Bangladeshi Hajj pilgrim treated for heart attack at King Abdullah Medical City

A medical team at King Abdullah Medical City in Makkah saved the life of a Bangladeshi pilgrim in his forties who suffered an acute heart attack, which almost killed him. (AFP)
Updated 21 July 2018
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Bangladeshi Hajj pilgrim treated for heart attack at King Abdullah Medical City

JEDDAH: A medical team at King Abdullah Medical City in Makkah saved the life of a Bangladeshi pilgrim in his forties who suffered an acute heart attack, which almost killed him.
The medical team intervened quickly after the pilgrim arrived in the medical city after initial tests showed that he had suffered from a cardiac arrest, and the patient was transferred to an operating theater. 
A blood clot was discovered in one of the pilgrim’s main arteries and he was operated on. The patient was then monitored to check that he was well and given a treatment plan.
The Bangladeshi pilgrim expressed his happiness at the outcome and his gratitude for the medical service he was provided.
About 2 million people from more than 80 countries are expected to attend this year’s Hajj, which is likely to begin on August 19.
According to the Hajj agreement with Saudi Arabia, a total of 126,798 Bangladeshi pilgrims will be performing the Hajj.


Pilgrims praise Saudi efforts during Hajj

Updated 21 August 2018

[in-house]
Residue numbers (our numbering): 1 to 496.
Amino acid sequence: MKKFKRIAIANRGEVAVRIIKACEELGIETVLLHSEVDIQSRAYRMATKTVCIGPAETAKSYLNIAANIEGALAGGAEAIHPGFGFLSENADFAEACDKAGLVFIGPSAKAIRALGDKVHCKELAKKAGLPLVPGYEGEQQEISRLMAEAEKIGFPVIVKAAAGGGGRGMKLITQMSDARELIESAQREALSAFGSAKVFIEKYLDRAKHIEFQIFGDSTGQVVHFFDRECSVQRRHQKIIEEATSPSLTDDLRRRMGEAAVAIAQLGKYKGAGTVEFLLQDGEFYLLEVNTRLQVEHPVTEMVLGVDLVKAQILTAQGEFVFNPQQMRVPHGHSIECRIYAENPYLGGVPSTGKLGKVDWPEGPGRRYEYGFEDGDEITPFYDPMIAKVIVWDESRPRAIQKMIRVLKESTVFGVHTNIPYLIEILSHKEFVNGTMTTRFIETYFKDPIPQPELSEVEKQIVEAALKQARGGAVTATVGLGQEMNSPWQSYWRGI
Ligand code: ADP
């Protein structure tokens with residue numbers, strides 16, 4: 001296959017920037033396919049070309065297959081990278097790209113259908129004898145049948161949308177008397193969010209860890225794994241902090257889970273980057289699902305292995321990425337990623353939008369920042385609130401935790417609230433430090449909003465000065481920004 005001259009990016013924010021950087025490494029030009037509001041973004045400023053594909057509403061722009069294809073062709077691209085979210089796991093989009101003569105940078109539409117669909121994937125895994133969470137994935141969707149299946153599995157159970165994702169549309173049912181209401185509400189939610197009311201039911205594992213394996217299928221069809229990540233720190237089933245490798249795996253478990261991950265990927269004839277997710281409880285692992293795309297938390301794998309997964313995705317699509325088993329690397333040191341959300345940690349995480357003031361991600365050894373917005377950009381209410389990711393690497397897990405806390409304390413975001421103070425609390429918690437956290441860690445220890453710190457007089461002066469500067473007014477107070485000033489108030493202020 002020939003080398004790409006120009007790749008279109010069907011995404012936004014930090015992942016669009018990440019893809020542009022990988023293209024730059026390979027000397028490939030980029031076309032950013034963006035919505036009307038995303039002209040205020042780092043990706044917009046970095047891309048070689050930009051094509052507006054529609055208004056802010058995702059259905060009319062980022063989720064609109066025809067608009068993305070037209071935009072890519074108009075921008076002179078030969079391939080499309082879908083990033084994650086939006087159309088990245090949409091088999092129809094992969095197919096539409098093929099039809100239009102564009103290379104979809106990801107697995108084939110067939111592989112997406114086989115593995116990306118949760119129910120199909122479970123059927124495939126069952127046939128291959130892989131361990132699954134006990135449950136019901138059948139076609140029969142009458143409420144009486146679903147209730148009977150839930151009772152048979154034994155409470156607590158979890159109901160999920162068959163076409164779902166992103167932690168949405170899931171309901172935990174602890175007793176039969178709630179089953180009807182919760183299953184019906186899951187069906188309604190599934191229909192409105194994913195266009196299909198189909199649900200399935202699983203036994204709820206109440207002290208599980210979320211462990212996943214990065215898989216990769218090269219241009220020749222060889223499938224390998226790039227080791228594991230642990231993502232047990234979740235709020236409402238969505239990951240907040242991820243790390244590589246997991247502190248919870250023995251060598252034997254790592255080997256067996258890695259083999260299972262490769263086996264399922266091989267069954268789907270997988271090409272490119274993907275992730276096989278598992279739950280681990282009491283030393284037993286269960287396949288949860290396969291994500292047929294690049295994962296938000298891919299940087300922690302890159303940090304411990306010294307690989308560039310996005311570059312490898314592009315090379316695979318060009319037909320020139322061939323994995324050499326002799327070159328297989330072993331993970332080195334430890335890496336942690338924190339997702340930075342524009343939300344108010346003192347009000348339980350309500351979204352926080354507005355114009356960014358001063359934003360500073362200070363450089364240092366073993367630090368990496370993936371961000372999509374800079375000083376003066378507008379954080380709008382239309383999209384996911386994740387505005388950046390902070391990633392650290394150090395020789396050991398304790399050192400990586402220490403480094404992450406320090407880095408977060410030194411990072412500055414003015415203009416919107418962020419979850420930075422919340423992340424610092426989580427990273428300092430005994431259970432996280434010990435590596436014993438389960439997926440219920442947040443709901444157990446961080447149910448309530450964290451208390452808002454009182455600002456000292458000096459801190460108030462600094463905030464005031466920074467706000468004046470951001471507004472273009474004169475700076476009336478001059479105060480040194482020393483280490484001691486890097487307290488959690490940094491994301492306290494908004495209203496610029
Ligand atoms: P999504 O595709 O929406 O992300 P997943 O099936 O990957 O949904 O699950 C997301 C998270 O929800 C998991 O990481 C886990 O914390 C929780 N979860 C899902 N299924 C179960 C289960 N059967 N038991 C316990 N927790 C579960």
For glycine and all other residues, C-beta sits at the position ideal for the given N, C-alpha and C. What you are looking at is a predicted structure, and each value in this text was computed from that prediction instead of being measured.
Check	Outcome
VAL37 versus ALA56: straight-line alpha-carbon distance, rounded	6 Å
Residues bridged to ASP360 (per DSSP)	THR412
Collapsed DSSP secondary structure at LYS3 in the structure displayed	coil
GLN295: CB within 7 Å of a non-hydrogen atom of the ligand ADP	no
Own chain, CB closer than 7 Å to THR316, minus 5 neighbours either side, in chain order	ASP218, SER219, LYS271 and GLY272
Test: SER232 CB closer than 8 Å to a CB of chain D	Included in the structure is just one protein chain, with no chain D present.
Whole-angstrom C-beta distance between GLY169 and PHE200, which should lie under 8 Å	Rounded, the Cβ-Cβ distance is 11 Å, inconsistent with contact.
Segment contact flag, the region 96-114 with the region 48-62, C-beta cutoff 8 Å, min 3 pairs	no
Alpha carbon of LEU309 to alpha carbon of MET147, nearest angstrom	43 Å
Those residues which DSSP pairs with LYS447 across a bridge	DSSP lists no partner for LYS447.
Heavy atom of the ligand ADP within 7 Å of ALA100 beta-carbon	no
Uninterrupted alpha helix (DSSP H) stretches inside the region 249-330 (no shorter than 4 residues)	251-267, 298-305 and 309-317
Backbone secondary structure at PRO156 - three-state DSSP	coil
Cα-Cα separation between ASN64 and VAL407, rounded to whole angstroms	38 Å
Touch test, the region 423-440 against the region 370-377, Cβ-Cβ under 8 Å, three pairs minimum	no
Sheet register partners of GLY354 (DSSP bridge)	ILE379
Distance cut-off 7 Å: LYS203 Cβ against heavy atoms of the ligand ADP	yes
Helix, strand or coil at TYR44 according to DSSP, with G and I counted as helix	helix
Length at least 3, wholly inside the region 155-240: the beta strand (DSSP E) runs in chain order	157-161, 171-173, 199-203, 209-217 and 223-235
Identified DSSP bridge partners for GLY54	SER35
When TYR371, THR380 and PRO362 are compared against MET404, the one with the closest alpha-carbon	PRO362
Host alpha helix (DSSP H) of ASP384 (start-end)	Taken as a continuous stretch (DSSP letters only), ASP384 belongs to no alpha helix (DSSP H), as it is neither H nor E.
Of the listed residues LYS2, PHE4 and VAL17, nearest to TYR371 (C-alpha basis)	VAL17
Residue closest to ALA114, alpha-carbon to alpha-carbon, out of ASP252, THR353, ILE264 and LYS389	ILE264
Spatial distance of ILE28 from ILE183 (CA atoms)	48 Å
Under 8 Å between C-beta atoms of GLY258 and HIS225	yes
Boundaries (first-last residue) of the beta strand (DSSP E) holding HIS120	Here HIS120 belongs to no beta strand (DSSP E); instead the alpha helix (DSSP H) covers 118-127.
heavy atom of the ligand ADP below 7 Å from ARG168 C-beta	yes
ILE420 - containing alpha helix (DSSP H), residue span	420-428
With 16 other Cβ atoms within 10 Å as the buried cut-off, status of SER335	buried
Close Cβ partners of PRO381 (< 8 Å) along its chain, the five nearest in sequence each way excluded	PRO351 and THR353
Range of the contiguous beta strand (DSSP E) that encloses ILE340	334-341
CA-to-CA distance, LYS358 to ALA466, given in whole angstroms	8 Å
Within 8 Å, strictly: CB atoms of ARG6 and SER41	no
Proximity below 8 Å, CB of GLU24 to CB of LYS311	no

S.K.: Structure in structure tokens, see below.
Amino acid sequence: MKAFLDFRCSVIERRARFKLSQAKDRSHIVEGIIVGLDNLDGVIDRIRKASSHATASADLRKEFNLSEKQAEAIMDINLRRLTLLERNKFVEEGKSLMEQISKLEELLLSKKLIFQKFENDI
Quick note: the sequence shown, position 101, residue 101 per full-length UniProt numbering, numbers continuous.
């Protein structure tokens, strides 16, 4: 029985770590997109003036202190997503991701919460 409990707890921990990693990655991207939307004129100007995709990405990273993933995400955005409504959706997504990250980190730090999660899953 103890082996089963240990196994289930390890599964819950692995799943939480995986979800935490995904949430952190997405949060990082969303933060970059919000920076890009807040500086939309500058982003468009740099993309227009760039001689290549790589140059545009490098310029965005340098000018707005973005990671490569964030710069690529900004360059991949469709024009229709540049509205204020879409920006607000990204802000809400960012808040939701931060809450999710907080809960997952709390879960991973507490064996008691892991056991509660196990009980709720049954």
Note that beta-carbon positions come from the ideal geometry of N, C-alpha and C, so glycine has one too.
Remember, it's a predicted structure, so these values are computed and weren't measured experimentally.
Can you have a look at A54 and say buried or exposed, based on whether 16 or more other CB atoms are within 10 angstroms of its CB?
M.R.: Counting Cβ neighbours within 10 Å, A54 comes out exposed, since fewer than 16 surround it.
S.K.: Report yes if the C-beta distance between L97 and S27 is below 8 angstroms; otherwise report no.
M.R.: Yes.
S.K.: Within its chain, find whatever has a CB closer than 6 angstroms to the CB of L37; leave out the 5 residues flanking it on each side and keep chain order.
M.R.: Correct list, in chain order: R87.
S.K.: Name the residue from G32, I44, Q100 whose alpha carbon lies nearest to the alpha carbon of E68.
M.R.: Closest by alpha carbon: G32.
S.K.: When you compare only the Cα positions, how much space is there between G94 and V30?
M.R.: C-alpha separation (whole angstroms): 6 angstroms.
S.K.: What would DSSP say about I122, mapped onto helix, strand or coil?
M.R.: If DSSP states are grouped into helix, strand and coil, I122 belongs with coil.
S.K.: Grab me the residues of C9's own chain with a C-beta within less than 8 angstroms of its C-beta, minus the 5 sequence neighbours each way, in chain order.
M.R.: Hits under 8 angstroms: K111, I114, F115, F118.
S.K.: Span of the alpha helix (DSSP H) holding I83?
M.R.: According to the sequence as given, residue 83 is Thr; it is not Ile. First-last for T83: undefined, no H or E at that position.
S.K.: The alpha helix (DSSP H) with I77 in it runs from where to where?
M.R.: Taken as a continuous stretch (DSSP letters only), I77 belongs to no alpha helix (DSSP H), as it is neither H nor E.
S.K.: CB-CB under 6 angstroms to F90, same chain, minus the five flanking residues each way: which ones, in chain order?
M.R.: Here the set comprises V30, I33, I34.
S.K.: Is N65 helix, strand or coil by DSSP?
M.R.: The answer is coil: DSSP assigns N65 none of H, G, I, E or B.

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Pilgrims praise Saudi efforts during Hajj

  • Pilgrims praise the organization of the Hajj ritual areas
  • Millions pass through relatively small areas to perform the rituals

ARAFAT: Pilgrims from around the world have expressed their gratitude for the services provided to them by the Saudi authorities, and praised the quality.
“Despite the small size of the holy sites area and the massive gatherings of pilgrims coming yearly to this place, Saudi Arabia has succeeded in managing the huge crowds,” said Jihad Obaid, an Iraqi pilgrim performing Hajj for the first time. The only thing he does not like is the hot weather, but the water sprinklers installed along the way have been a great help, he added.
“These sprinklers reflect how caring the Saudi government is,” he said. “We all know that man can’t control weather challenges, but the preparations made to protect pilgrims is a sign of the great efforts to help pilgrims carry out their rituals comfortably.”
Mas’ood BuHadji, from Algeria, thanked the security guards for the work they do for pilgrims.
“I would like to extend my thanks and appreciations to the security men who spare no effort in assisting the pilgrims to easily complete their rituals,” he said. “Although I am not Saudi, I feel proud of these Muslim security men, whose job here is not only to secure pilgrims a safe Hajj, but also offer them bottles of cold water.
“Hajj is now easier than ever; the Jamarat Bridge, the services and everything.”